Li-Cor’s when in the ‘Sunlight’ calibration mode.
|Sunlight Calibration||Electric Lamp Calibration|
The actual degree of error between measurements obtained with
the two brands of sensors is difficult to describe. Based simply
on percent error, these can be misleading, as intensity plays an
important part. That is, at low light intensities, a minor
difference of even 1 µmol·m²·sec can equate to a profound
percentile difference. On the other hand, the difference between
actual measurements generally increases with light
intensity (and the percent difference generally
decreases). It is tempting to describe an average range of light
intensity found in aquaria, but this exercise is ultimately an
exercise of futility. For this reason, Table 2 reports the
average percent difference across the entire range of
This Table shows the percent difference between the
Apogee’s 2 light measurements in its 2 calibration modes when
compared to those measurements obtained with the Li-Cor
instrument. Generally, the Apogee’s readings were lower than
the Li-Cor’s, except for high readings of the Philips 4000K
lamp (Sunlight Calibration), and mixed readings (higher
and lower, Sunlight Calibration) with the AB
(Ushio/Hamilton) 10000K lamp.
|Sunlight Calibration||Electric Lamp Calibration|
|4,000K||8.25% High||1.94% Low|
|6,500K||1.6% Low||11.0% Low|
|12,000K||3.9% Low||7.8% Low|
|20,000K||7.3% Low||12.0% Low|
*Yes, 0.36%, based on measurements that were slightly higher,
and slightly lower, across a broad range of intensity than those
reported by the Li-Cor LI-189 meter. As expected, the difference
in readings was greatest in the almost monochromatic 20,000K
In my opinion, objections to the validity of the Apogee’s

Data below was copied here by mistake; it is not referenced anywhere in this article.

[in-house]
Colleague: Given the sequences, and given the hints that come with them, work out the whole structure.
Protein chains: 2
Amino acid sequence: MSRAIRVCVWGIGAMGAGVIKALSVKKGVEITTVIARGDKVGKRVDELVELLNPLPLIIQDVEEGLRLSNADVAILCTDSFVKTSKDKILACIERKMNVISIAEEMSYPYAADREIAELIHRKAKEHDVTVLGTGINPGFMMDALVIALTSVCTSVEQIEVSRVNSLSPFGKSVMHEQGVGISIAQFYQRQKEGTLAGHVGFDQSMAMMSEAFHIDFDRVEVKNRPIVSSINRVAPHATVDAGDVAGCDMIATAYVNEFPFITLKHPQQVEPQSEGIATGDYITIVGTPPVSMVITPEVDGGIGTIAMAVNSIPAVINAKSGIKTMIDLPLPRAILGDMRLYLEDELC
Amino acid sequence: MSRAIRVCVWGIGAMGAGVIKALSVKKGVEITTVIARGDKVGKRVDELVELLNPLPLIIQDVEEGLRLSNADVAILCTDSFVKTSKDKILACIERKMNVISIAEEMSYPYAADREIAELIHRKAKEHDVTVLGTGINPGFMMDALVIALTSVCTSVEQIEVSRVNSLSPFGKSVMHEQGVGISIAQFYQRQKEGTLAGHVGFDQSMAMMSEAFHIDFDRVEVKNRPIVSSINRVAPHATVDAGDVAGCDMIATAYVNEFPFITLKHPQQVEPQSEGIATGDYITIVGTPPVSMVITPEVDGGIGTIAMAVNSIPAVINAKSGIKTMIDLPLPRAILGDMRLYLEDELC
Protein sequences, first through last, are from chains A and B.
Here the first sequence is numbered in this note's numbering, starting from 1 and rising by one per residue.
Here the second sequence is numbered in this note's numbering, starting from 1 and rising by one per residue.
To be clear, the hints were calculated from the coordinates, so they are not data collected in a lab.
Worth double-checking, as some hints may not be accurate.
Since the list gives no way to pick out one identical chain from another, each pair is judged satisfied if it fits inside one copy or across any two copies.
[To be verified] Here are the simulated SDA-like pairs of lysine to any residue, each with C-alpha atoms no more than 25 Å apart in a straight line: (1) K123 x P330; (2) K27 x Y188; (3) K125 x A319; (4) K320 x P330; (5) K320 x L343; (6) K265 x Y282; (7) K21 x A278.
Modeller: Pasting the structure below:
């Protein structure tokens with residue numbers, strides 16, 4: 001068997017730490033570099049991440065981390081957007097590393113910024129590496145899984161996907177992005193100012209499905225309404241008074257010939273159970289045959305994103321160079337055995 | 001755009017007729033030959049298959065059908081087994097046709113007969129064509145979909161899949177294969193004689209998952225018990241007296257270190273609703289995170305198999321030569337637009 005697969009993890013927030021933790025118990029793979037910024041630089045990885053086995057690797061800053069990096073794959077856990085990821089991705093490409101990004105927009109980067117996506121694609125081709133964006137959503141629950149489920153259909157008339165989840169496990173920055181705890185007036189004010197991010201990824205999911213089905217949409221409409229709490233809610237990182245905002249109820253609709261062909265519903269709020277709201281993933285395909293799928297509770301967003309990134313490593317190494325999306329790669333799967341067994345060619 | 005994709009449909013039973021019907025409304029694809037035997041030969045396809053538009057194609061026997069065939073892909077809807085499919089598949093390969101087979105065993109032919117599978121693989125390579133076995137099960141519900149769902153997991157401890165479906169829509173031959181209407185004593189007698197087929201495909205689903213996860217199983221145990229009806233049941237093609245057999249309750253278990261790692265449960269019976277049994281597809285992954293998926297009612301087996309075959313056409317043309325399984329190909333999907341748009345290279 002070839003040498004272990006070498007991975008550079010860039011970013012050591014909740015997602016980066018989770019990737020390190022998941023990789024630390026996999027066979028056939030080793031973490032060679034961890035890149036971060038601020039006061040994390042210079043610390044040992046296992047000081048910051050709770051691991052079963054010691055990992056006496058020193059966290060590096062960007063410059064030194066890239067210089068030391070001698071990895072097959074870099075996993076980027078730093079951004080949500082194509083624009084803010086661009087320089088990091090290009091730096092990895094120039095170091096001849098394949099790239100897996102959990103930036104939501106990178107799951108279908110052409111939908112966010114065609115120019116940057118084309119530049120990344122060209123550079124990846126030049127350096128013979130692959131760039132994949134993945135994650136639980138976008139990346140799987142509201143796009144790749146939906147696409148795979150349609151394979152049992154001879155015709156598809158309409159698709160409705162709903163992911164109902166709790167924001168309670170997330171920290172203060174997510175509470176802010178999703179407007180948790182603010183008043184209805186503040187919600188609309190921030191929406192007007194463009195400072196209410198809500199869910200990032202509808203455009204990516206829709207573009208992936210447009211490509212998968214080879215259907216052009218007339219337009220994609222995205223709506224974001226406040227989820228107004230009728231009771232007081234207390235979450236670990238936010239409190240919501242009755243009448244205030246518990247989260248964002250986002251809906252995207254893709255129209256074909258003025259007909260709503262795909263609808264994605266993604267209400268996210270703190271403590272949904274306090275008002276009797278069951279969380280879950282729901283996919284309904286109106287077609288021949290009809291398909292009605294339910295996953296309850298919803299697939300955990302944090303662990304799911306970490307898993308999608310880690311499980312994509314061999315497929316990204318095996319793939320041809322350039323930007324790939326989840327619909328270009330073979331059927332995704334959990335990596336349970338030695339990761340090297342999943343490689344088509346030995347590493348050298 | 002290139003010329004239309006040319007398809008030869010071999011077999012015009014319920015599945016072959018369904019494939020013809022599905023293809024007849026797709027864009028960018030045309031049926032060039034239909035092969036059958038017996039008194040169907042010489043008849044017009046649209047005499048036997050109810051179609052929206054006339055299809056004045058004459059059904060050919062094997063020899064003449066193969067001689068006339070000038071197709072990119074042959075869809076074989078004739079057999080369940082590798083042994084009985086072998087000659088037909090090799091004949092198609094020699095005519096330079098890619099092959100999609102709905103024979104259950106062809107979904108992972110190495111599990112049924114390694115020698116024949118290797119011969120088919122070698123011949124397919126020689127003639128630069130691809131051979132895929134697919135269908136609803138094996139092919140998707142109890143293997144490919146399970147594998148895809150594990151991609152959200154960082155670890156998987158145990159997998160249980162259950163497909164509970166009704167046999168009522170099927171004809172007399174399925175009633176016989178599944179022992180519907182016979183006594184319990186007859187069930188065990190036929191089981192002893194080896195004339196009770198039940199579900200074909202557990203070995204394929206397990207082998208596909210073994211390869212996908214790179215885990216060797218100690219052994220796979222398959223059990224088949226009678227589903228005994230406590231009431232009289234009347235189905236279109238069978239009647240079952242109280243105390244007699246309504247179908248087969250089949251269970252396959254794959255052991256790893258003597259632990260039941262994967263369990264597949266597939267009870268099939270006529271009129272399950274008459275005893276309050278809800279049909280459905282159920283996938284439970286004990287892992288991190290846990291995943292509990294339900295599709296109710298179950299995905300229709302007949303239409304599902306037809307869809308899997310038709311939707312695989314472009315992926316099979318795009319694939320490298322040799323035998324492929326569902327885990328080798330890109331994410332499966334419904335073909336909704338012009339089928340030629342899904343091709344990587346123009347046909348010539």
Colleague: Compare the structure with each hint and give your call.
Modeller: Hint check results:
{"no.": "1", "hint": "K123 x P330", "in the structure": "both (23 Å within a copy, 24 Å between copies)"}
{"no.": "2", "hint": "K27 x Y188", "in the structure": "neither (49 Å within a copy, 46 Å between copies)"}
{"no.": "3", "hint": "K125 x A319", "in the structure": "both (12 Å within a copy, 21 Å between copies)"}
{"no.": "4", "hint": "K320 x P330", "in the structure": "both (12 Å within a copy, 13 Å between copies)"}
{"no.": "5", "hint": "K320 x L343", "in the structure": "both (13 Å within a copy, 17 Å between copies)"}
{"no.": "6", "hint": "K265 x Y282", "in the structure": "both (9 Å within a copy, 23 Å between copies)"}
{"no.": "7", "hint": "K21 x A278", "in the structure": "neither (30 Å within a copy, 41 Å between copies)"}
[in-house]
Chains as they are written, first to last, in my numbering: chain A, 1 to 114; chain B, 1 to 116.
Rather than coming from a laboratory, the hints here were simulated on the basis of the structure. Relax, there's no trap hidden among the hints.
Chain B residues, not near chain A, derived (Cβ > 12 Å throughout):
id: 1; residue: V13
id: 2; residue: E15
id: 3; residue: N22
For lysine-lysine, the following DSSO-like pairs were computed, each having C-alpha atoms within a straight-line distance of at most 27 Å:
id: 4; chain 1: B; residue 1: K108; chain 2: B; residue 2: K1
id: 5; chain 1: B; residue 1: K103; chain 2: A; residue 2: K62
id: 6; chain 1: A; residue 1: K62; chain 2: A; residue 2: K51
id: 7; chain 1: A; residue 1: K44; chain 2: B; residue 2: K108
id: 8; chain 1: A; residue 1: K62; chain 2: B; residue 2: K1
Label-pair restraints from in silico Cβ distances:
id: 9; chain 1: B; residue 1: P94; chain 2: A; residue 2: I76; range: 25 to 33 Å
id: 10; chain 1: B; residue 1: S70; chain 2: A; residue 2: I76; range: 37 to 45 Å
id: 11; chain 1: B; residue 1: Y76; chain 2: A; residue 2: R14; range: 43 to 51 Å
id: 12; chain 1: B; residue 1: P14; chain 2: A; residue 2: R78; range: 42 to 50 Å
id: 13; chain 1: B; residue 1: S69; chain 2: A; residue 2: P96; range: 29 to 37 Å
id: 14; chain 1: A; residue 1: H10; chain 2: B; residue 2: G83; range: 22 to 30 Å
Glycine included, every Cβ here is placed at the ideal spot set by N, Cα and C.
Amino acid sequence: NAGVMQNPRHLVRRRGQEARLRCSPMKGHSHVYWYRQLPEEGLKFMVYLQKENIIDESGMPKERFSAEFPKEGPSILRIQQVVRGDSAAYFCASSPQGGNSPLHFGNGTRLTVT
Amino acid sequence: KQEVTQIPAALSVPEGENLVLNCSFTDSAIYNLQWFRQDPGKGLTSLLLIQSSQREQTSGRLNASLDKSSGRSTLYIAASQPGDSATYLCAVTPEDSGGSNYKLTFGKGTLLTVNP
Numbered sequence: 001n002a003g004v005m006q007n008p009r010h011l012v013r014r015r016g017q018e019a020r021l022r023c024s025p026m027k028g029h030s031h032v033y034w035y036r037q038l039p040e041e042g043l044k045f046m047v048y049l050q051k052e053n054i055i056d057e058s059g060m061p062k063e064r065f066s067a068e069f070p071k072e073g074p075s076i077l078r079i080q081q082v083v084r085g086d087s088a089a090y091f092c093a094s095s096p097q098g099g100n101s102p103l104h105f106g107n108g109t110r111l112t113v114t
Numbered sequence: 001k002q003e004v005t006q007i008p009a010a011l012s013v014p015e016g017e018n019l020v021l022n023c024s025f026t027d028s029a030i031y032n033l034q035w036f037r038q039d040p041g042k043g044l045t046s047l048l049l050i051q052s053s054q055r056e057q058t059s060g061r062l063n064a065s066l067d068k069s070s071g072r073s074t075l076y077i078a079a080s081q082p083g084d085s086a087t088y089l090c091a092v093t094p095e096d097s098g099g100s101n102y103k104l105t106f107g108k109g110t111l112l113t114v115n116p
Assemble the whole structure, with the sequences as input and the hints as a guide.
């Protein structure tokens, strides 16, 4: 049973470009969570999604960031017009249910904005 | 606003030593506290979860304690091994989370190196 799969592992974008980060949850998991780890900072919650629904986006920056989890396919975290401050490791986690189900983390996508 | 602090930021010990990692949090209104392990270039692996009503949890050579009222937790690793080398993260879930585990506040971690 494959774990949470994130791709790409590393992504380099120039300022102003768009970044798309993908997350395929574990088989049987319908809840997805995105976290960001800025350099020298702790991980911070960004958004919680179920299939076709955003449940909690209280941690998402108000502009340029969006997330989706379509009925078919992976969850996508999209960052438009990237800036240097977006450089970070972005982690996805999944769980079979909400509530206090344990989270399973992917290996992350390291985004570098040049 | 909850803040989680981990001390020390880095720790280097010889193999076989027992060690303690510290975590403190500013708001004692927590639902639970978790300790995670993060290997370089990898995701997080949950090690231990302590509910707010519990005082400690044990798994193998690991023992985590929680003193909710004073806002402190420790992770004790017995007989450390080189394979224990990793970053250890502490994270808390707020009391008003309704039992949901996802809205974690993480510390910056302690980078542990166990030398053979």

measurements based strictly on the issue of spectral response are
unjustly founded. The largest source of error lies squarely (but
potentially) with the user of the instrument, and not inherent
optical qualities. User error includes sensor orientation, sensor
cleanliness, instrument condition (care, maintenance,
It would seem that any reports of PAR and PPFD measurements
should include the instrument’s last calibration date or at
least a report of deviation from a standard light source or
calibrated quantum meter.
The Li-Cor quantum meter LI-189 has been replaced with a newer
model, the LI-250A. I would expect Li-Cor’s same high quality
is present in this newer version. The LI-250A includes an ability
to toggle between ‘air’ and ‘water’ calibrations
with the simple push of switch.
Apogee has upgraded its sensor to include a self-cleaning
dome, which also assists in cosine correction. I have been
informed (personal communication with Shaun, Apogee Instruments)
that they are working on improving the spectral response of their
One may wonder why I have purchased two quantum meters – the
Apogee meter was obtained for use in some of the early
respirometer work, since its sensor is more compact than that of
the Li-Cor, and is especially of use in tight or cramped spots.
Later, the Apogee meter would be used for investigative light
measurements on Hawaiian reefs. It is inexpensive enough to
consider an expendable item should I ever flood my homemade
For further information, see these websites:
- Joe Burger’s Cnidarian Reef:
- Apogee Instruments:
- LI-COR, Inc.:
- LI-COR, Inc., 1990. LI-189
Quantum/Radiometer/Photometer Operating Manual.
Publication Number 9003-61. Lincoln, Nebraska. 18 pp.
- LI-COR, Inc., 1990. LI-COR Underwater Radiation
Sensors, Type SA Instruction Manual. Publication Number
8609-57. Lincoln, Nebraska. 23 pp.
- Kirk, J.T.O., 1994. Light and Photosynthesis in Aquatic
Ecosystems. Cambridge University Press, Canberra. 509